All Wit & Pedal Power
(Page 2 of 3)
Doug and I sat on the hill for a while. Naturally, we toyed with the idea of continuing, but he who has the guns, wins. We really had no choice but to retreat. Realizing that this wasn't a favorable night for camping out, we struggled back to Moho.Skip to next paragraph
Subscribe Today to the Monitor
In the village's only pension, we tucked ourselves away. However, when two gringos on bikes show up in a remote Peruvian village, it doesn't take long for their presence to become known. Less than fifteen minutes after our arrival here someone was knocking on the door demanding to see our documents. ``Not again,'' we mumbled. This time, however, things were to take a different twist. We opened the door and found a friend in Henri, who at once produced his Policia de Investigaciones del Peru (PIP) badge. We showed him our documents and explained what had happened that afternoon. He went on to tell us that the Peruvian military had no say whatsoever in this matter. Immigration was an official concern of PIP, and it just so happened that Henri was the local chief of immigration. Our passports would be fixed at once and he assured us that we would have no problem reaching Puno.
Henri asked Doug and me to accompany him to the PIP office, just a few blocks off the main plaza. We noticed that he had already sloshed down a few drinks in preparation for the week-long fiesta that begins in Moho tonight. Nevertheless, this didn't mean he couldn't take a few minutes off for official business, and soon enough we had a couple of stamps in our passports and big smiles on our faces. This is just what we needed.
The two of us sat down on our beds, and after several deep breaths, we took out our passports to see what it takes to travel in this country. Well, what it takes, we don't have. On the last page of our passports, with a stamp from PIP's immigration wing, a hand-written date, and the word salida (exit) scribbled across the entire page. It can't be, but it is. We need an entrance stamp. Doug and I have had enough for one day.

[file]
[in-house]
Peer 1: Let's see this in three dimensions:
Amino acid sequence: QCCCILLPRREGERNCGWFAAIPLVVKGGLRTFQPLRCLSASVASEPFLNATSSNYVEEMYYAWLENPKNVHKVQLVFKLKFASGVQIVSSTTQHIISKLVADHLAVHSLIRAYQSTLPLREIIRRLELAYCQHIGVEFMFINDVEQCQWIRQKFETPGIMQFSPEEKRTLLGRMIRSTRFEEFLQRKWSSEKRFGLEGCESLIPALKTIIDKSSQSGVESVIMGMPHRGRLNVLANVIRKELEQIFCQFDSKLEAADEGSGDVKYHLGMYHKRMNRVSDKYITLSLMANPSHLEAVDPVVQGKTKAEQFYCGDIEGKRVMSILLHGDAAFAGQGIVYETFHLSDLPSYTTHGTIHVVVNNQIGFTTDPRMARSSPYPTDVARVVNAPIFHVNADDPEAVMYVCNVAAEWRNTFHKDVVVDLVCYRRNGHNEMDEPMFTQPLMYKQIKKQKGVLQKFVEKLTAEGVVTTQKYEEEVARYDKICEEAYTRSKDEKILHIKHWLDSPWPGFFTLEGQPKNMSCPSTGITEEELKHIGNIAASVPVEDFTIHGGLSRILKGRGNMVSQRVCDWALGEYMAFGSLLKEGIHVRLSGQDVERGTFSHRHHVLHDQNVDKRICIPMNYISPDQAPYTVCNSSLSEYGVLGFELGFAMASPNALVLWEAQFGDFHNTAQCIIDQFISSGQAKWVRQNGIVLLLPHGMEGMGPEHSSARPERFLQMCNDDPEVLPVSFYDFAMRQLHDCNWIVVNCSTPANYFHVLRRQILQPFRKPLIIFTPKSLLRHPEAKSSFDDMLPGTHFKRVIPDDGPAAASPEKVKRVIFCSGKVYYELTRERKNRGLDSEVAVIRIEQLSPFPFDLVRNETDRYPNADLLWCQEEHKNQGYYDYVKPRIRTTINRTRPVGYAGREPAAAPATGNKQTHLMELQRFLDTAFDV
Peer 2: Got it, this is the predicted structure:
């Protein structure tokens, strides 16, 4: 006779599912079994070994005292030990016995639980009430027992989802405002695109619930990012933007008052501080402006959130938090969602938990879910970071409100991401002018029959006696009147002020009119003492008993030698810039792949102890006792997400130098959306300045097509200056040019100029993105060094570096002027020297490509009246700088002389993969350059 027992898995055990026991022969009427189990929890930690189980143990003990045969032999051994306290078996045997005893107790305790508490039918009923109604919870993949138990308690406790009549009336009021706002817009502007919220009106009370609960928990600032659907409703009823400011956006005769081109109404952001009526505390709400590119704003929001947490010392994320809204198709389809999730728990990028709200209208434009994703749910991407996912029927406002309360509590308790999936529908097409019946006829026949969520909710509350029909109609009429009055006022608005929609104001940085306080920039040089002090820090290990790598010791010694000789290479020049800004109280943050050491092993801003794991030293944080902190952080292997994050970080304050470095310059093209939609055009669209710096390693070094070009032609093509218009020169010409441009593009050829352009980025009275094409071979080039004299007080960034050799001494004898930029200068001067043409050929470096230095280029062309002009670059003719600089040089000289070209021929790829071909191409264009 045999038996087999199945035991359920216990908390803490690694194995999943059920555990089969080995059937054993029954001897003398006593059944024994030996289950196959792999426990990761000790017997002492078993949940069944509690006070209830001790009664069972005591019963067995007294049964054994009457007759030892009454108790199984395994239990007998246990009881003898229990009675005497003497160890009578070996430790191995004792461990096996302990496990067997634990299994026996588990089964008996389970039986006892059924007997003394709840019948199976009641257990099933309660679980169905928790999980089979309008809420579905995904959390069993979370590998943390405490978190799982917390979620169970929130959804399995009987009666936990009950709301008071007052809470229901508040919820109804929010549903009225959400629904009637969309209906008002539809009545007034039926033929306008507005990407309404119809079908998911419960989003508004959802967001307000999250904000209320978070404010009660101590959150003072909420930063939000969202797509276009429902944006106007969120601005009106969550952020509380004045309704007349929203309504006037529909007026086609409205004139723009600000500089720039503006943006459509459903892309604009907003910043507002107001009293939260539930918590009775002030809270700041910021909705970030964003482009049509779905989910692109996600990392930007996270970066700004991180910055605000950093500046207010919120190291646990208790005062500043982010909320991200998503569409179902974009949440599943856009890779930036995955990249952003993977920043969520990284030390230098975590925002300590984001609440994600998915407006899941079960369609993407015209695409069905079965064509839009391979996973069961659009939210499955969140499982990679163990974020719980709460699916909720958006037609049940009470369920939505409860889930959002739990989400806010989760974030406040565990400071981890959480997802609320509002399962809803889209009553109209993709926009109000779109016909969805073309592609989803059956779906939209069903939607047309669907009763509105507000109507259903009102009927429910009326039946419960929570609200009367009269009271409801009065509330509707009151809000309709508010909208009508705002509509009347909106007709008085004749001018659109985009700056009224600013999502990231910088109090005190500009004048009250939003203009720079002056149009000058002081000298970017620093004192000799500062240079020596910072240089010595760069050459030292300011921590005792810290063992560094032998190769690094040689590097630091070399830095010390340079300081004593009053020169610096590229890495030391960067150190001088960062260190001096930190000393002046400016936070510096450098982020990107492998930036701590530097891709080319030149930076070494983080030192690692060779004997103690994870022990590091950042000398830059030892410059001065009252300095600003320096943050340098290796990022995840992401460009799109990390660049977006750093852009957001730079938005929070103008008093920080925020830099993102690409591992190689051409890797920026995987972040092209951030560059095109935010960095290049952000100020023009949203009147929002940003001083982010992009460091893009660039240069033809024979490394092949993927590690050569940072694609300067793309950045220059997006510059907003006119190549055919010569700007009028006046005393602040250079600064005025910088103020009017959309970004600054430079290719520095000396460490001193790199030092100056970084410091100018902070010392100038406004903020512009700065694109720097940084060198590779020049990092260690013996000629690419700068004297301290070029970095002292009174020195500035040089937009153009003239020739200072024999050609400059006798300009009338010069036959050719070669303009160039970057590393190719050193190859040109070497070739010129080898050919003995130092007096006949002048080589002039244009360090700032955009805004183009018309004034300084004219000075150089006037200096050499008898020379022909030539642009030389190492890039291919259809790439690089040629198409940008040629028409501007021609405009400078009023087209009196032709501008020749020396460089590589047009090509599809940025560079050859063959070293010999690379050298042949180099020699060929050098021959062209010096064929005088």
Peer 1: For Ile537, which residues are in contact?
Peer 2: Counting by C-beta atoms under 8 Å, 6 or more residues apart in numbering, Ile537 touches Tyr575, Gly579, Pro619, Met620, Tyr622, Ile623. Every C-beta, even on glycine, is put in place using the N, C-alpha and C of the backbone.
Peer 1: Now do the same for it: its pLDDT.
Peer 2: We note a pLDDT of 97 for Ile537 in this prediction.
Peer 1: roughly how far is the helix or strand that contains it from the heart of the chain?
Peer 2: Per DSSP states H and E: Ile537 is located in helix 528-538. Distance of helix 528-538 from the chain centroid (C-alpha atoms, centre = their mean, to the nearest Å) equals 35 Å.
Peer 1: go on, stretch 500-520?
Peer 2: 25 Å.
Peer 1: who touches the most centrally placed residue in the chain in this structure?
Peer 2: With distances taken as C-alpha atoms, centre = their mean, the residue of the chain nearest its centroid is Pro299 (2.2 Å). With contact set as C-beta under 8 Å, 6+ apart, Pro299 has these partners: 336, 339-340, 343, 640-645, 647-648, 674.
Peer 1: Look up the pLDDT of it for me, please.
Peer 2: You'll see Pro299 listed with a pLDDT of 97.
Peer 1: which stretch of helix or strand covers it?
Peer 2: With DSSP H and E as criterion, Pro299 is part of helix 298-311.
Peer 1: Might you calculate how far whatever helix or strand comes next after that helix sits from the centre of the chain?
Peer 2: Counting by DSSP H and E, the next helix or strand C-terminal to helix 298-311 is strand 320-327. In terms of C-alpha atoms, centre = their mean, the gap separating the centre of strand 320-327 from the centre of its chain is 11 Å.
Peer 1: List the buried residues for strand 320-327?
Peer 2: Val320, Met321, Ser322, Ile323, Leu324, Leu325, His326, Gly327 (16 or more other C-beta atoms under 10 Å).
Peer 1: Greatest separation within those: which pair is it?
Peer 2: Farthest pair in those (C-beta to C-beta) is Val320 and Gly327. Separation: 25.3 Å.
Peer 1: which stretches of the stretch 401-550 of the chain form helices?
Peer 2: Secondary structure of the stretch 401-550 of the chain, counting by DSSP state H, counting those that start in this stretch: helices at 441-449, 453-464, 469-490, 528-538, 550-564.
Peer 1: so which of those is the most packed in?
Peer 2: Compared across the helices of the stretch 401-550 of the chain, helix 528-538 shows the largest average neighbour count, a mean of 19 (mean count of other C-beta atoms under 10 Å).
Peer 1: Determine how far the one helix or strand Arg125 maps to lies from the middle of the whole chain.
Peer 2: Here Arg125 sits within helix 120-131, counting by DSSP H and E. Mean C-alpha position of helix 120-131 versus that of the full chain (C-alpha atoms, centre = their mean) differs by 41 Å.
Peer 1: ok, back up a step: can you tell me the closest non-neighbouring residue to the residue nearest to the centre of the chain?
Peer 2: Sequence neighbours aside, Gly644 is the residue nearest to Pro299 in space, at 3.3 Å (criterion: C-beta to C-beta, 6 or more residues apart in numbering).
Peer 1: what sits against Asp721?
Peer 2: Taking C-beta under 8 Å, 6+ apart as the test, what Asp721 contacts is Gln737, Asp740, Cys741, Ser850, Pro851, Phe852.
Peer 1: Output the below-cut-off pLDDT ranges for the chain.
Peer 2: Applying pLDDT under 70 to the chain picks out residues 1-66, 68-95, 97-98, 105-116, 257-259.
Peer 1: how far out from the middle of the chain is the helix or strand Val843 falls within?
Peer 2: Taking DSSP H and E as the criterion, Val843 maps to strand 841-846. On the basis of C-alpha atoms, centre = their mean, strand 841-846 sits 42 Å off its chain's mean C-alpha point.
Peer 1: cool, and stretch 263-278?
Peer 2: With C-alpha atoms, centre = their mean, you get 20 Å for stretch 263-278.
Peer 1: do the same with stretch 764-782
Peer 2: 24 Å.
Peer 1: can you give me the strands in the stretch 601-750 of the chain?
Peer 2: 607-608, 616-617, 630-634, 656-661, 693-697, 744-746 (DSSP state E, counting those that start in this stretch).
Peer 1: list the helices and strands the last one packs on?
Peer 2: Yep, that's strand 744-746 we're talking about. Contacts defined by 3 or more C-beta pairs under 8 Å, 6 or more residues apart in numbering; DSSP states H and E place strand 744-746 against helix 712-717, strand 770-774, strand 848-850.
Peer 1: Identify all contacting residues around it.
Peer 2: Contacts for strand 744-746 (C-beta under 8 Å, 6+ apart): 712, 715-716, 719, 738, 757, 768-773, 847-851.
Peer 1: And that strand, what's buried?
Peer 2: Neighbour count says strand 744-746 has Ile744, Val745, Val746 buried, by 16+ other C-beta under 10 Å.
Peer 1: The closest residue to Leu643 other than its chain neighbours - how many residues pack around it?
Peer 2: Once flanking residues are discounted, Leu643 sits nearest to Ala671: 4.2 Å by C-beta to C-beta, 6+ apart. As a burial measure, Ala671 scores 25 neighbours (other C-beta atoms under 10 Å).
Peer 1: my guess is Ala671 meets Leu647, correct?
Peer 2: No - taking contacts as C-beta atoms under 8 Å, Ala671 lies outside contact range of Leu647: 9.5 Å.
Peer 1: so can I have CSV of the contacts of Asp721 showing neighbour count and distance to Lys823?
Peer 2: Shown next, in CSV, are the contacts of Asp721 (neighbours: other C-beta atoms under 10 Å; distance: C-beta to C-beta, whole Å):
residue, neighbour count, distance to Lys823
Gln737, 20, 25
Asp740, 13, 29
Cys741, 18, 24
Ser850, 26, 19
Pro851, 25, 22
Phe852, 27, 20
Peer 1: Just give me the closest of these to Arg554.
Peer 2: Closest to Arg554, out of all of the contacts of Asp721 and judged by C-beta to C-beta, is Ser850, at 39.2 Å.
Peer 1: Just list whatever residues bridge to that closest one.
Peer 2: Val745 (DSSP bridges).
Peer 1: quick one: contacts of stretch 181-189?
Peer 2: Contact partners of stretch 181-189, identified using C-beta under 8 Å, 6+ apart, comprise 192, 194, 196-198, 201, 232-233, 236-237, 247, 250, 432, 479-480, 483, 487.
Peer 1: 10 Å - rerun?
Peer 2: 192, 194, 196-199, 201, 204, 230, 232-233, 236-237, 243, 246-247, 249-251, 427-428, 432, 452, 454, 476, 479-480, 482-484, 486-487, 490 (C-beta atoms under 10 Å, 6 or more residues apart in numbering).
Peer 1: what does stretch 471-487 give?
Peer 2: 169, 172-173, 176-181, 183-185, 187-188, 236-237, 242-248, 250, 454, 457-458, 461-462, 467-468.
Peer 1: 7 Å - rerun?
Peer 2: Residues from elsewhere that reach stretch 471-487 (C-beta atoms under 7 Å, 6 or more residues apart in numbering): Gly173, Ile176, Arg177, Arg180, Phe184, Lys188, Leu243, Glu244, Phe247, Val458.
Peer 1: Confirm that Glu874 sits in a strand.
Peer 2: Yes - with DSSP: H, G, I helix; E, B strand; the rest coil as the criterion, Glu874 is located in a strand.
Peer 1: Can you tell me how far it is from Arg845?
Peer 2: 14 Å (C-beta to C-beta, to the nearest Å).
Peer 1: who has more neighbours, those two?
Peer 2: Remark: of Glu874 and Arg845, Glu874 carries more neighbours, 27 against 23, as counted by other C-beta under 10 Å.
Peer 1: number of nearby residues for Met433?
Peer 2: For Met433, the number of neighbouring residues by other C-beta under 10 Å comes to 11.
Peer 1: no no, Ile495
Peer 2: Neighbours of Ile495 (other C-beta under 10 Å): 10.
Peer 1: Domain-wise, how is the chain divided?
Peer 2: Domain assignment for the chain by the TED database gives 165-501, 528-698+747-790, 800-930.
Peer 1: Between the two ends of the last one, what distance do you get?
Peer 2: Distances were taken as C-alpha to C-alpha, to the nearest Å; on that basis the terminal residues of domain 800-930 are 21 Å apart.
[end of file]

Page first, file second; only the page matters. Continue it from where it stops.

Sept. 11, 1988 - Moho, Peru
Yesterday the trials, tribulations, and general chaos really wore us out. I must say though, it sure is exciting. Today, the saga continued, but by and large we spent the day with our hearts beating regularly.
Our first task this morning was to stop by the PIP office. Henri was not there, although the station chief, whom we had met the previous day, was.
In the chief's small office, decorated with maps of Peru (finally we could see where we are), we explained that yesterday we had been seeking an entrance stamp. No problem, he indicated, opening our passports to the very last page. He proceeded to cross out the word salida with a red marker. Below it he scrawled ingresso, meaning that we had entered the country. What a mess he made out of the entire page. Was this what a Peruvian entrance stamp amounted to? Give me an eraser, an ink pad, and a red marker, and I could stamp myself in this country.
Sept. 12, 1988 - Huancane, Peru
It is 5:00 p.m. now. We made it here about four hours ago after a 25-mile journey from Moho. It was actually an uneventful but tiring trip over a bad road. We feared police or military checkpoints, but encountered none.
Considering our run in with the military and the entire entrance stamp fiasco, Doug and I have agreed to keep a low profile for a few days. This means no camping out or frequent stops. Our intention is to reach Puno as soon as possible. There we expect to see other pale faces, as we have been told that Puno is a very important tourist center. Once there, we hope to be a little less conspicuous.
Evidently, the only way to keep a low profile in these parts is to lock yourself in a closet. We made the mistake of leaving our hotel room door open and several hours after our arrival we had an uninvited and unwelcome visitor, a young man of about 25. He was opening the door of the room next to ours when he stumbled in on us. He had been drinking and with a slur he said he was from PIP.
We pulled out our passports of course, but things went smoothly. There didn't seem to be a problem with our being in Peru. It was only when we were requested to produce paperwork for our bicycles did a problem arise. It never occurred to us that we would need a receipt and/or a registration card. We were only novices, and what did we know?
The inebriated policeman went on to inform us that unless we could produce documentation for the bicycles, they would be confiscated by PIP. Our nerves settled a bit when he started laughing and shaking our hands. ``Gringos - amigos,'' he sputtered repeatedly. Was it all a joke? Need we worry now?